Ac know ledg ments
First and foremost, there are not words sufficient to express my gratitude to
the patients, family members, and transplant professionals in Mexico who
so graciously let me into their lives and shared so generously of their time,
energy, space, ideas, joys, frustrations, hopes, doubts, and everyday habits.
The most astonishing and deeply moving thing about anthropology is that
people allow us to do it, and I feel profoundly privileged to have been al-
lowed to do it in this place with these par ticular people. Although their indi-
vidual names do not appear here for reasons of confidentiality, their stories
and words are the lifeblood of this book. I hope I have done them justice.
My entrée into the transplant community in Guadalajara, as well as my
efforts to make sense of that world, were profoundly enabled by Dr. Javier
García de Alba García at the Unidad de Investigación Social, Económica y
en Servicios de Salud, along with his colleagues Ana Leticia Salceda- Rocha,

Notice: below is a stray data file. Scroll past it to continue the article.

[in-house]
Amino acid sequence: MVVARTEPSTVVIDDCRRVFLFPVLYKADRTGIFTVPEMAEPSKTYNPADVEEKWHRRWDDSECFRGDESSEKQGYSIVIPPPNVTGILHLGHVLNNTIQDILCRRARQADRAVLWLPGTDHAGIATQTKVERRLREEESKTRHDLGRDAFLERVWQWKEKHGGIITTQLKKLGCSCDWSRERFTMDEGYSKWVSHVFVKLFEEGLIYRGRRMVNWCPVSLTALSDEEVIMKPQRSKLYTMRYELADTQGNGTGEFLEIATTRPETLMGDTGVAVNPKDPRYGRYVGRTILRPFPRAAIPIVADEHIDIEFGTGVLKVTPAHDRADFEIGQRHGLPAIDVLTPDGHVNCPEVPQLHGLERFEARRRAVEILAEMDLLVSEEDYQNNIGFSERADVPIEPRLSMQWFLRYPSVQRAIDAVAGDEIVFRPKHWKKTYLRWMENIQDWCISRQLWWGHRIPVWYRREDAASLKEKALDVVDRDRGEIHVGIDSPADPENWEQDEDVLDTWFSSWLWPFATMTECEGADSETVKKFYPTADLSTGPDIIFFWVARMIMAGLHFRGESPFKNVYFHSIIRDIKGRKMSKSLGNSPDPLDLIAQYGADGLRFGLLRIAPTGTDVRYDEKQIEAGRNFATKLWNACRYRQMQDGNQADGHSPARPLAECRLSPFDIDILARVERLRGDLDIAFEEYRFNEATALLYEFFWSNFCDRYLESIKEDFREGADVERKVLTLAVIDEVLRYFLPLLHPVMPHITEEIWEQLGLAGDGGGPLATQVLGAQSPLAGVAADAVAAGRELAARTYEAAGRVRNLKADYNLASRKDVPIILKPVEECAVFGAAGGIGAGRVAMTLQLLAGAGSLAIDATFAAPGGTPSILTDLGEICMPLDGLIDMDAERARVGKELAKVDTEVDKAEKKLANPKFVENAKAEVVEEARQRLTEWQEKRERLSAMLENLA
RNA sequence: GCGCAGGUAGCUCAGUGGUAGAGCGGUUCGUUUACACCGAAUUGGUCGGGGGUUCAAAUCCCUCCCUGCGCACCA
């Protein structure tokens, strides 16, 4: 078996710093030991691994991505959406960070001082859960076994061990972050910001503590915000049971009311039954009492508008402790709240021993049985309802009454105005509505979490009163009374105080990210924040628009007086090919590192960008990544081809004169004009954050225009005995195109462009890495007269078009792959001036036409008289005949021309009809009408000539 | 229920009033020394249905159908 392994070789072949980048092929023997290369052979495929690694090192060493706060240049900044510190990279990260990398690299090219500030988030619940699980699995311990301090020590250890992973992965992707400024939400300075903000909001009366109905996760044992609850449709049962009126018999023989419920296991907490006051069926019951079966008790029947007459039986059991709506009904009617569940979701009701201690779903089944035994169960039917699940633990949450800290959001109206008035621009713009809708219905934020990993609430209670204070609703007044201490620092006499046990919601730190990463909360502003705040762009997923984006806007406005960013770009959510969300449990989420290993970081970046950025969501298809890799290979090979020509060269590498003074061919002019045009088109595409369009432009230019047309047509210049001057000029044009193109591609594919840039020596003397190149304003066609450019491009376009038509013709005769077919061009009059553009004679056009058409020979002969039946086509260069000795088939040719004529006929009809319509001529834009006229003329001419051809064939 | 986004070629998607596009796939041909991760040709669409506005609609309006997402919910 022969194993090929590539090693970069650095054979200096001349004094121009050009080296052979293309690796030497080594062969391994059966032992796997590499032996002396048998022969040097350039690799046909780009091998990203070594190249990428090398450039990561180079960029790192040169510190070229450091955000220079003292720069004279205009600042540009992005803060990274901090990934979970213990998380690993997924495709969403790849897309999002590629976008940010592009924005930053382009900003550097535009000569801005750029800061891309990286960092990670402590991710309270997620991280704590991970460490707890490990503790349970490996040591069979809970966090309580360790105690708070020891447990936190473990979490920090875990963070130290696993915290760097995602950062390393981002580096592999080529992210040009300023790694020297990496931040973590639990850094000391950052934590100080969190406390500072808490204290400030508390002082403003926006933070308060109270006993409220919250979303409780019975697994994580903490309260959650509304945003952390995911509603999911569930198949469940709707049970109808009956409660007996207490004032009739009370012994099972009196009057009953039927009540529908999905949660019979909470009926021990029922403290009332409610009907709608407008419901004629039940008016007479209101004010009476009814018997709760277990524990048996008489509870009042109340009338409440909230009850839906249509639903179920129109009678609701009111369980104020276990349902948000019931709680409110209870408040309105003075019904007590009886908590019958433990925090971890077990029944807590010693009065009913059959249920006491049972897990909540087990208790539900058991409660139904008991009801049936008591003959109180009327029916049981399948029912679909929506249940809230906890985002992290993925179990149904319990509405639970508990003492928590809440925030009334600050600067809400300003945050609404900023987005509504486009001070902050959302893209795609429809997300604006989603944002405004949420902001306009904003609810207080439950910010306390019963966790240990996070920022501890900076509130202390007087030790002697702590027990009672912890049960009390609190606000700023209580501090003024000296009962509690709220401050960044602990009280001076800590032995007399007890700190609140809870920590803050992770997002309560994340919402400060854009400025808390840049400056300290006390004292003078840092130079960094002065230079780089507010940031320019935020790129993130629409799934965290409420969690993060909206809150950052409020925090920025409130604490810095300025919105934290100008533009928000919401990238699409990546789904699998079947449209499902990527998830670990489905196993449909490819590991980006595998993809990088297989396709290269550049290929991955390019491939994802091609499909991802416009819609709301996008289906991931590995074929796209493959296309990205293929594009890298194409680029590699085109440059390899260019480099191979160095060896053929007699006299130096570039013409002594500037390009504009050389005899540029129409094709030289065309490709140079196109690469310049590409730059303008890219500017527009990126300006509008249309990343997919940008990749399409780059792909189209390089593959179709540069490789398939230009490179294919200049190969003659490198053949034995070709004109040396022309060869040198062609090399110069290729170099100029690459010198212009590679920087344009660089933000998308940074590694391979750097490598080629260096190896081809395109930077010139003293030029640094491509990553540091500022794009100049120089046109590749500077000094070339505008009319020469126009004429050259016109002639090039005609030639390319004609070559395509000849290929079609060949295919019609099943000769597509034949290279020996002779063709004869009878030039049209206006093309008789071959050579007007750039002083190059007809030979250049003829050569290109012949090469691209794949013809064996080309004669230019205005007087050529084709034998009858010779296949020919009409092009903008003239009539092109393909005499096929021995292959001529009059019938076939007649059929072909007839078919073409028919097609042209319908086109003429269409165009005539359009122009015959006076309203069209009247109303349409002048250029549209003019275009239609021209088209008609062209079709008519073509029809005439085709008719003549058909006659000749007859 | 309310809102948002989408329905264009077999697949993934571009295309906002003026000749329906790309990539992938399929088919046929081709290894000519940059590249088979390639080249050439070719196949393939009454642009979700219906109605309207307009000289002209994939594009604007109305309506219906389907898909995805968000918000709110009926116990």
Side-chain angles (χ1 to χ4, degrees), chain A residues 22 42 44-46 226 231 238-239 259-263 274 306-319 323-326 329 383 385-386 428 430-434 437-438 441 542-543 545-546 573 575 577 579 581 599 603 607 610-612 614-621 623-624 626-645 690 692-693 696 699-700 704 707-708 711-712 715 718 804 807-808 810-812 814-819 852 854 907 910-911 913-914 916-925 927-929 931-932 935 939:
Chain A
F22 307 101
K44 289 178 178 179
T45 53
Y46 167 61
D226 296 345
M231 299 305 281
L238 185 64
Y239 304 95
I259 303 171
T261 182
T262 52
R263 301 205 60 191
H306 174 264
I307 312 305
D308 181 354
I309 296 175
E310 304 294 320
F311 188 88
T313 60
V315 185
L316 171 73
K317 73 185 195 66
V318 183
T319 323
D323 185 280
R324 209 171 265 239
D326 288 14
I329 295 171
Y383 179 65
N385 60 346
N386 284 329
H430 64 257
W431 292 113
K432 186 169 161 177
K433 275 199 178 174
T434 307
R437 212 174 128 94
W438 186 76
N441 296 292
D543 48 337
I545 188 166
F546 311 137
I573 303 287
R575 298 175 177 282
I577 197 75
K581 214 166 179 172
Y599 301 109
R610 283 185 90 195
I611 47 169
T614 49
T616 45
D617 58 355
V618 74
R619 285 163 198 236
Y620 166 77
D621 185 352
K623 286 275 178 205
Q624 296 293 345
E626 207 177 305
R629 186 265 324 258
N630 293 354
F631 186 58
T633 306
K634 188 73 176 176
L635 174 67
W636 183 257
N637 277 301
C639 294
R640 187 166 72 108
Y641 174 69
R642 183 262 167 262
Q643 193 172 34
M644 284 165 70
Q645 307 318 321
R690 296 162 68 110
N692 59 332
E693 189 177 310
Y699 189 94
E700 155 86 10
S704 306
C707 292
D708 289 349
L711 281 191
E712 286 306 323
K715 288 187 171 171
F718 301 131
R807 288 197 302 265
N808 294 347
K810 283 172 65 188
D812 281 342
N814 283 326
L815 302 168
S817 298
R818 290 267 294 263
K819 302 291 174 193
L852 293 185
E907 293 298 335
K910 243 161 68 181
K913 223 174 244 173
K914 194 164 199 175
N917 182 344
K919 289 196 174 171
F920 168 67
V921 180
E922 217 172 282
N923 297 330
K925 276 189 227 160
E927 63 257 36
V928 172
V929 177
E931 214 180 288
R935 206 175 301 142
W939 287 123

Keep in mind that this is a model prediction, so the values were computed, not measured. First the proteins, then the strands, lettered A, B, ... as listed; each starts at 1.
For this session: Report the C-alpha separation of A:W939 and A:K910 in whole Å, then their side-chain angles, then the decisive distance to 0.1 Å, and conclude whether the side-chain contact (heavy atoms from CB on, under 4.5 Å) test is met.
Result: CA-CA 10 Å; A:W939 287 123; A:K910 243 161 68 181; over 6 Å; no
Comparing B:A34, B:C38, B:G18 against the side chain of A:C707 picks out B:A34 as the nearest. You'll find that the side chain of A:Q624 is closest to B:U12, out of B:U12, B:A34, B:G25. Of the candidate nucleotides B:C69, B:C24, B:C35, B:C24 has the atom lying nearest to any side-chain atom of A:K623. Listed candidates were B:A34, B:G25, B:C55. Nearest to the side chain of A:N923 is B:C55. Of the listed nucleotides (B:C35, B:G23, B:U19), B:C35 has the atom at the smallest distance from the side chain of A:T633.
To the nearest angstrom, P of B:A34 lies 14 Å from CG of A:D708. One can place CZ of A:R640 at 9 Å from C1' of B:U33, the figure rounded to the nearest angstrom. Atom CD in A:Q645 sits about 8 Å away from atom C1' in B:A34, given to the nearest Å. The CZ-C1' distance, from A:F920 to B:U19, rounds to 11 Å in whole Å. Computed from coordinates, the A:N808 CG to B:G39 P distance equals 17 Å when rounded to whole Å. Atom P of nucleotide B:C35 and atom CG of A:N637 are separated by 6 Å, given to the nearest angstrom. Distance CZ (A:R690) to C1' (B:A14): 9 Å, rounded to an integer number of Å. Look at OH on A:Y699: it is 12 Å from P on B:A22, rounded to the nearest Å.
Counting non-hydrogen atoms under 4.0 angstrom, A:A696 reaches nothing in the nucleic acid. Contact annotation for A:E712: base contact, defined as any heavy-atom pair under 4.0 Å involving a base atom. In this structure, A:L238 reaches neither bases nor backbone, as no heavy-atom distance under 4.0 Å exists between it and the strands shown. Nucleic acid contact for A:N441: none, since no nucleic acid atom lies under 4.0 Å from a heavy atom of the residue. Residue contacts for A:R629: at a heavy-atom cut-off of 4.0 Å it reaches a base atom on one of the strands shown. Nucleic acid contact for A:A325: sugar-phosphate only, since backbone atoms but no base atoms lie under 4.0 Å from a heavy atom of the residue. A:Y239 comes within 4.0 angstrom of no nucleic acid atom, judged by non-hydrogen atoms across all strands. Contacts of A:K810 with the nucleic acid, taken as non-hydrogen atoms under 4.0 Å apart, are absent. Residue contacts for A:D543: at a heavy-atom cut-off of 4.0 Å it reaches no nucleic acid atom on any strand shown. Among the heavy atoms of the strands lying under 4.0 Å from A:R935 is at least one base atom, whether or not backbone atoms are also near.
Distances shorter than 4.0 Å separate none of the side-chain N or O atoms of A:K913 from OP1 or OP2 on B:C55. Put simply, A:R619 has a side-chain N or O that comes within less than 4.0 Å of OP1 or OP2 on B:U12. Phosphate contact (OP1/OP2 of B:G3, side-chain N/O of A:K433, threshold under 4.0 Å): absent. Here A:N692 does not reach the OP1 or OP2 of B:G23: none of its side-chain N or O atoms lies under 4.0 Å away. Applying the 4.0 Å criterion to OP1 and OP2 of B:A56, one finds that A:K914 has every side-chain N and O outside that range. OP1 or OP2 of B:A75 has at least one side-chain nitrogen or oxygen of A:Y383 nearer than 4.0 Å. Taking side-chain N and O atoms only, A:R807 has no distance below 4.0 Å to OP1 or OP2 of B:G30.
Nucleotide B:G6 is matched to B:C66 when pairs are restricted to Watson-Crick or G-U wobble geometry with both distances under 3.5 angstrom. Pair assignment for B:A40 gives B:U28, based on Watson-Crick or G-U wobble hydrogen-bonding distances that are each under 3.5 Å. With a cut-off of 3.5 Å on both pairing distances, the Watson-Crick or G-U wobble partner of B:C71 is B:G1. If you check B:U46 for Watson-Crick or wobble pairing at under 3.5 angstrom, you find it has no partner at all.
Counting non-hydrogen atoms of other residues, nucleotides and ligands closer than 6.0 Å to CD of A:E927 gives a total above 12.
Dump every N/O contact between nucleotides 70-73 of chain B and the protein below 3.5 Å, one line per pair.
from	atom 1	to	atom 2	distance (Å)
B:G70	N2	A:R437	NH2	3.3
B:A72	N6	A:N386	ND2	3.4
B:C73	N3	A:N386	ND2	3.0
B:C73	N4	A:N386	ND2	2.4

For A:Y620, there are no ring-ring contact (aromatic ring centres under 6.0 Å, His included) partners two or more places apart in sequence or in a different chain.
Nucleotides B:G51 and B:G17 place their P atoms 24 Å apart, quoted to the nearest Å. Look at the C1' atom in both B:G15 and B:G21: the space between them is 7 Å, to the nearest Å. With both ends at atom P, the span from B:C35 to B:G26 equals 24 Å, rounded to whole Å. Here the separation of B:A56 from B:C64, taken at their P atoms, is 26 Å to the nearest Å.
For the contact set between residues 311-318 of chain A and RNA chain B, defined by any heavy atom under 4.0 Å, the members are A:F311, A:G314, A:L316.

Juan Antonio González Barrera, Evangélina Herrera Solís, and María Faus-
tina Campos- Arciniega. With great generosity and good humor, they pro-
vided me with an institutional home and a lively intellectual community,
as well as guidance both sensitive and candid in navigating the scholarly,
po litical, and personal challenges of fieldwork in Mexico. Through their
friendship and the many adventures (culinary, literary, musical, matrimo-
nial, and otherwise) into which they invited me, I came to experience Gua-
dalajara in a way that would not have otherwise been possible. In addition, the
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